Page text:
"Feels great being back in the semis," the six-time Wimbledon champion said. " . . . Haven't been here in the last of couple years."
The Swiss star is two wins away from a seventh Wimbledon championship, which would equal a mark set by William Renshaw in the 1880s - back when the defending champion received a bye directly into the final - and tied by Pete Sampras in 2000.
Nothing worked for Youzhny, including a kidding plea for help from eight-time major champion Andre Agassi, who was seated next to his wife, Steffi Graf, in the front row of the Royal Box, near Prince William and his wife, Kate.
After Federer flicked one particularly impressive defensive backhand and got to break point in the third set's opening game, the Russian turned, palms up, to seek suggestions from Agassi, who smiled back. The Duke and Duchess of Cambridge applauded. Youzhny, apparently pleased to play the role of court jester, promptly double-faulted.
When a reporter made a tongue-in-cheek remark about in-match coaching being against the rules, Youzhny grinned and said, "If he helped me, I'm ready to pay a fine."
Federer will face a familiar foe Friday: No. 1 Novak Djokovic, the defending champion, who didn't have too much trouble while beating No. 31 Florian Mayer of Germany, 6-4, 6-1, 6-4, in the quarterfinals.
This will be the sixth semifinal in the last eight Grand Slam tournaments, and 27th meeting overall, for Federer and Djokovic, and their first at Wimbledon.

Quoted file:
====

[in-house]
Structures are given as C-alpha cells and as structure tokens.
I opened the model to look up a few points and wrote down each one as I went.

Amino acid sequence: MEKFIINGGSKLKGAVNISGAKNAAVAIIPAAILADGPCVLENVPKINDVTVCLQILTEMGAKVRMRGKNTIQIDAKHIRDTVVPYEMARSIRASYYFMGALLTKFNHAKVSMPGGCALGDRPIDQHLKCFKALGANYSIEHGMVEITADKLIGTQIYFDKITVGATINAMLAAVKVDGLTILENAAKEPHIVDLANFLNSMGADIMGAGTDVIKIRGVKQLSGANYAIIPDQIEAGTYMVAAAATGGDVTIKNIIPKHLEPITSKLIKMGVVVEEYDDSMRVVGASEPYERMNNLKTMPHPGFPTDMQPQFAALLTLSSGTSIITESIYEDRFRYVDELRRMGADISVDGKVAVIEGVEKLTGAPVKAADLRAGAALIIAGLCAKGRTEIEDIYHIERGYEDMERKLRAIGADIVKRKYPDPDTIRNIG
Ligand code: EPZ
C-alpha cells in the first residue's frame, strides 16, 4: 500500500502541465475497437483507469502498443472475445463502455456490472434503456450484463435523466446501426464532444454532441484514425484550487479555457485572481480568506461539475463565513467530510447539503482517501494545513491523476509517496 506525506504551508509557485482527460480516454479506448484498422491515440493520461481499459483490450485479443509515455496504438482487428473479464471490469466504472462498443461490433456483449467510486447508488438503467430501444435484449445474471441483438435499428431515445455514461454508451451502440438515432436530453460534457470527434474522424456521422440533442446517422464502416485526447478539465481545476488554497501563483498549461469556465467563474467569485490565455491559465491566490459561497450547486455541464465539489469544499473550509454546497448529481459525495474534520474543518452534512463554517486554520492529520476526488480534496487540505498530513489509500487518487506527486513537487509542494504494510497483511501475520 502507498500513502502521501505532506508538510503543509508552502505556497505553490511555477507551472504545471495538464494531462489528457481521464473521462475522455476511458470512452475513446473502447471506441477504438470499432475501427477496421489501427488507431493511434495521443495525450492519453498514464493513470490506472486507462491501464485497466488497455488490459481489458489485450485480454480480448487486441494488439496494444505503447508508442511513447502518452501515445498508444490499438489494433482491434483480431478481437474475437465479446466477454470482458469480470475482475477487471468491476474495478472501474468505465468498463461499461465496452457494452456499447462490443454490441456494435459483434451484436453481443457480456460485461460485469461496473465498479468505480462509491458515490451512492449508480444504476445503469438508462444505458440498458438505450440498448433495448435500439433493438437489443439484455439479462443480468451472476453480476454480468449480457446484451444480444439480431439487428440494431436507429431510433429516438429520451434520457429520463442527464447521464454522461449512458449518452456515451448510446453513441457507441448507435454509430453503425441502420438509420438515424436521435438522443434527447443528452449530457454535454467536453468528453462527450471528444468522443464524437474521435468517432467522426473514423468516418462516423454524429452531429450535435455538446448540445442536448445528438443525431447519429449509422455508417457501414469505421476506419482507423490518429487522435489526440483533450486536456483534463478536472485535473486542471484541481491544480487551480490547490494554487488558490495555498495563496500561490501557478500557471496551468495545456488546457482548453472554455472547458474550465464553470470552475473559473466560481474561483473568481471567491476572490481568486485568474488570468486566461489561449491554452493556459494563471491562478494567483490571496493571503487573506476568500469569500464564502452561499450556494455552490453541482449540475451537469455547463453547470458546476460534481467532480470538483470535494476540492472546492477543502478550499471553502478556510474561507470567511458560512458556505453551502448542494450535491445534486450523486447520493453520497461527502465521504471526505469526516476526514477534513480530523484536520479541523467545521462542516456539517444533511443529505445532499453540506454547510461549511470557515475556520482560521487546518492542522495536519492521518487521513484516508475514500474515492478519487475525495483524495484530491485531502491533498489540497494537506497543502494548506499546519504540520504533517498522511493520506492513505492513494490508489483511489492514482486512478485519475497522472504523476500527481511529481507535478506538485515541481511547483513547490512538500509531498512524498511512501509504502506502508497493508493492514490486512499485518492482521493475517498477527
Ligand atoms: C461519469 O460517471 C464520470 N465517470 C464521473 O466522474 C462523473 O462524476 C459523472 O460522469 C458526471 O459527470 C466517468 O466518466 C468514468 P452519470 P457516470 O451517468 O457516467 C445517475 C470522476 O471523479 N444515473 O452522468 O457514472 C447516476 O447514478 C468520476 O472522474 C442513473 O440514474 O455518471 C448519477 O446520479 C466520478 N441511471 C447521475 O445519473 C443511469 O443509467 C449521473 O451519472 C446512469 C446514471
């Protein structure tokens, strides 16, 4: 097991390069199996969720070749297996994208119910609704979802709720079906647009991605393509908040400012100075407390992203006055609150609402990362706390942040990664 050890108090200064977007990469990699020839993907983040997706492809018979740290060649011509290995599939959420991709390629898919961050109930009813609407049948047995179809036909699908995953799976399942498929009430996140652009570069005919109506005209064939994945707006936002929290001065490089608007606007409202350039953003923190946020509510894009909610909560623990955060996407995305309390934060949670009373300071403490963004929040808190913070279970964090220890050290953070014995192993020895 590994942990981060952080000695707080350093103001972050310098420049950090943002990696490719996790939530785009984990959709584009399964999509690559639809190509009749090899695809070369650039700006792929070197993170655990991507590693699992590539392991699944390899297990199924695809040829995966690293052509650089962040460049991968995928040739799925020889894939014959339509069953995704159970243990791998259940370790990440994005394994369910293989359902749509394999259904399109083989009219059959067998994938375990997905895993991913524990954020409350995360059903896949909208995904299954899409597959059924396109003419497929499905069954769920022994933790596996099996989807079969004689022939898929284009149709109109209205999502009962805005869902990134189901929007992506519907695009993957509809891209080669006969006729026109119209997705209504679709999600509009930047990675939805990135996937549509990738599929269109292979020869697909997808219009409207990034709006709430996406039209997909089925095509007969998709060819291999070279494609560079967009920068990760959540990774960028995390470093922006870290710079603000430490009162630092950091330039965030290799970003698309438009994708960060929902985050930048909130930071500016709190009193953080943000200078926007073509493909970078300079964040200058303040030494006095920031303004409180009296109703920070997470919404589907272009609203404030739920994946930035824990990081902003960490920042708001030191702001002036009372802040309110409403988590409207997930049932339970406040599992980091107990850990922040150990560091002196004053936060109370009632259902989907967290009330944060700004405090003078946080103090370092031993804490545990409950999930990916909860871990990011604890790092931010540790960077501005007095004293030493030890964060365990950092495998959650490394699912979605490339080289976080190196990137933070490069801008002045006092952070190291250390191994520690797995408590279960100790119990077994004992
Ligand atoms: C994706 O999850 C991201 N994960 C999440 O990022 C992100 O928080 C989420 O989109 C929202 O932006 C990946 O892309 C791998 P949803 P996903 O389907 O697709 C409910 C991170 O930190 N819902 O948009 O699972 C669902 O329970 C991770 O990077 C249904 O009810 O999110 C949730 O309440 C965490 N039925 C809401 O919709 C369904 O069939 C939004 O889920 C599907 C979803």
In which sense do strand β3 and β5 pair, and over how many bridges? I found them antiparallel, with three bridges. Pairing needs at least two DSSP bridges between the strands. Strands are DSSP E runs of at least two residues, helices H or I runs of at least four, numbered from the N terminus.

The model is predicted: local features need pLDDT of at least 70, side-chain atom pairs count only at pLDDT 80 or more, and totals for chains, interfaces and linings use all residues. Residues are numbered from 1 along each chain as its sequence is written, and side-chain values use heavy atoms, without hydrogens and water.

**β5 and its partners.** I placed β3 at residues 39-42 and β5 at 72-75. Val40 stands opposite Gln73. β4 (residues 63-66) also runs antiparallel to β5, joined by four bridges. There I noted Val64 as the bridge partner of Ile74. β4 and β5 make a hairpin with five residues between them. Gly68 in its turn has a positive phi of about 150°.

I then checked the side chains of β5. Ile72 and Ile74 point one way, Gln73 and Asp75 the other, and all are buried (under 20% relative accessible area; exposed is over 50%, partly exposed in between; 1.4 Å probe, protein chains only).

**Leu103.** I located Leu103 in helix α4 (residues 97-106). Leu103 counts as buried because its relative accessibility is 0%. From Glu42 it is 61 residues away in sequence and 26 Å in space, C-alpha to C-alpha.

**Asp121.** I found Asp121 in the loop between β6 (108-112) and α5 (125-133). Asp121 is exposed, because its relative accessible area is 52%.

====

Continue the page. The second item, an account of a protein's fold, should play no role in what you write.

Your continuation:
Federer leads 14-12, but Djokovic won six of their last seven matches, including at the French Open a month ago.
Federer, who will turn 31 on Aug. 8, has gone 21/2 years without adding to his record total of 16 Grand Slam titles. And he hasn't won Wimbledon since 2009.
If he wins Sunday's final to end his major trophy drought, he would overtake the Serb in the rankings and tie Sampras' record of 186 weeks at No. 1.
The other men's semifinal will pit No. 4 Andy Murray of Britain against No. 5 Jo-Wilfried Tsonga of France.
Neither has won a Grand Slam title or been to a Wimbledon final.
Murray is trying to become the first British man to earn the trophy at the All England Club since Fred Perry in 1936 - the last to even make it to the title match was Bunny Austin in 1938.
Murray was one point from facing a two-set deficit before coming back to eliminate No. 7 David Ferrer of Spain, 6-7 (5), 7-6 (6), 6-4, 7-6 (4), to get to the semis for the fourth year in a row. Murray lost at that stage to Andy Roddick in 2009, then to Rafael Nadal in 2010 and 2011 - and the second-seeded Nadal's stunning exit in the second round last week ratcheted up expectations that this would be Murray's year.
Tsonga got to his second consecutive Wimbledon semi by beating Philipp Kohlschreiber, 7-6 (5), 4-6, 7-6 (3), 6-2.
In the women's semifinals Thursday, 13-time Grand Slam champion Serena Williams will play No. 2-seeded Victoria Azarenka of Belarus, and No. 3 Agnieszka Radwanska of Poland will face No. 8 Angelique Kerber of Germany.
Serena Williams had to earn two doubles victories with her older sister Venus at Wimbledon on Wednesday.
The Williams sisters finally were able to complete their second-round match against Maria Kirilenko and Nadia Petrova that started Saturday but was suspended by rain. It picked up in the third set, with the Williams sisters winning, 3-6, 6-3, 9-7. They returned to the court a few hours later to beat Bethanie Mattek-Sands and Sania Mirza, 6-4, 6-3, and move into the quarterfinals.
Serena needed her left ankle retaped during that match, but her father, Richard, said it was nothing to worry about.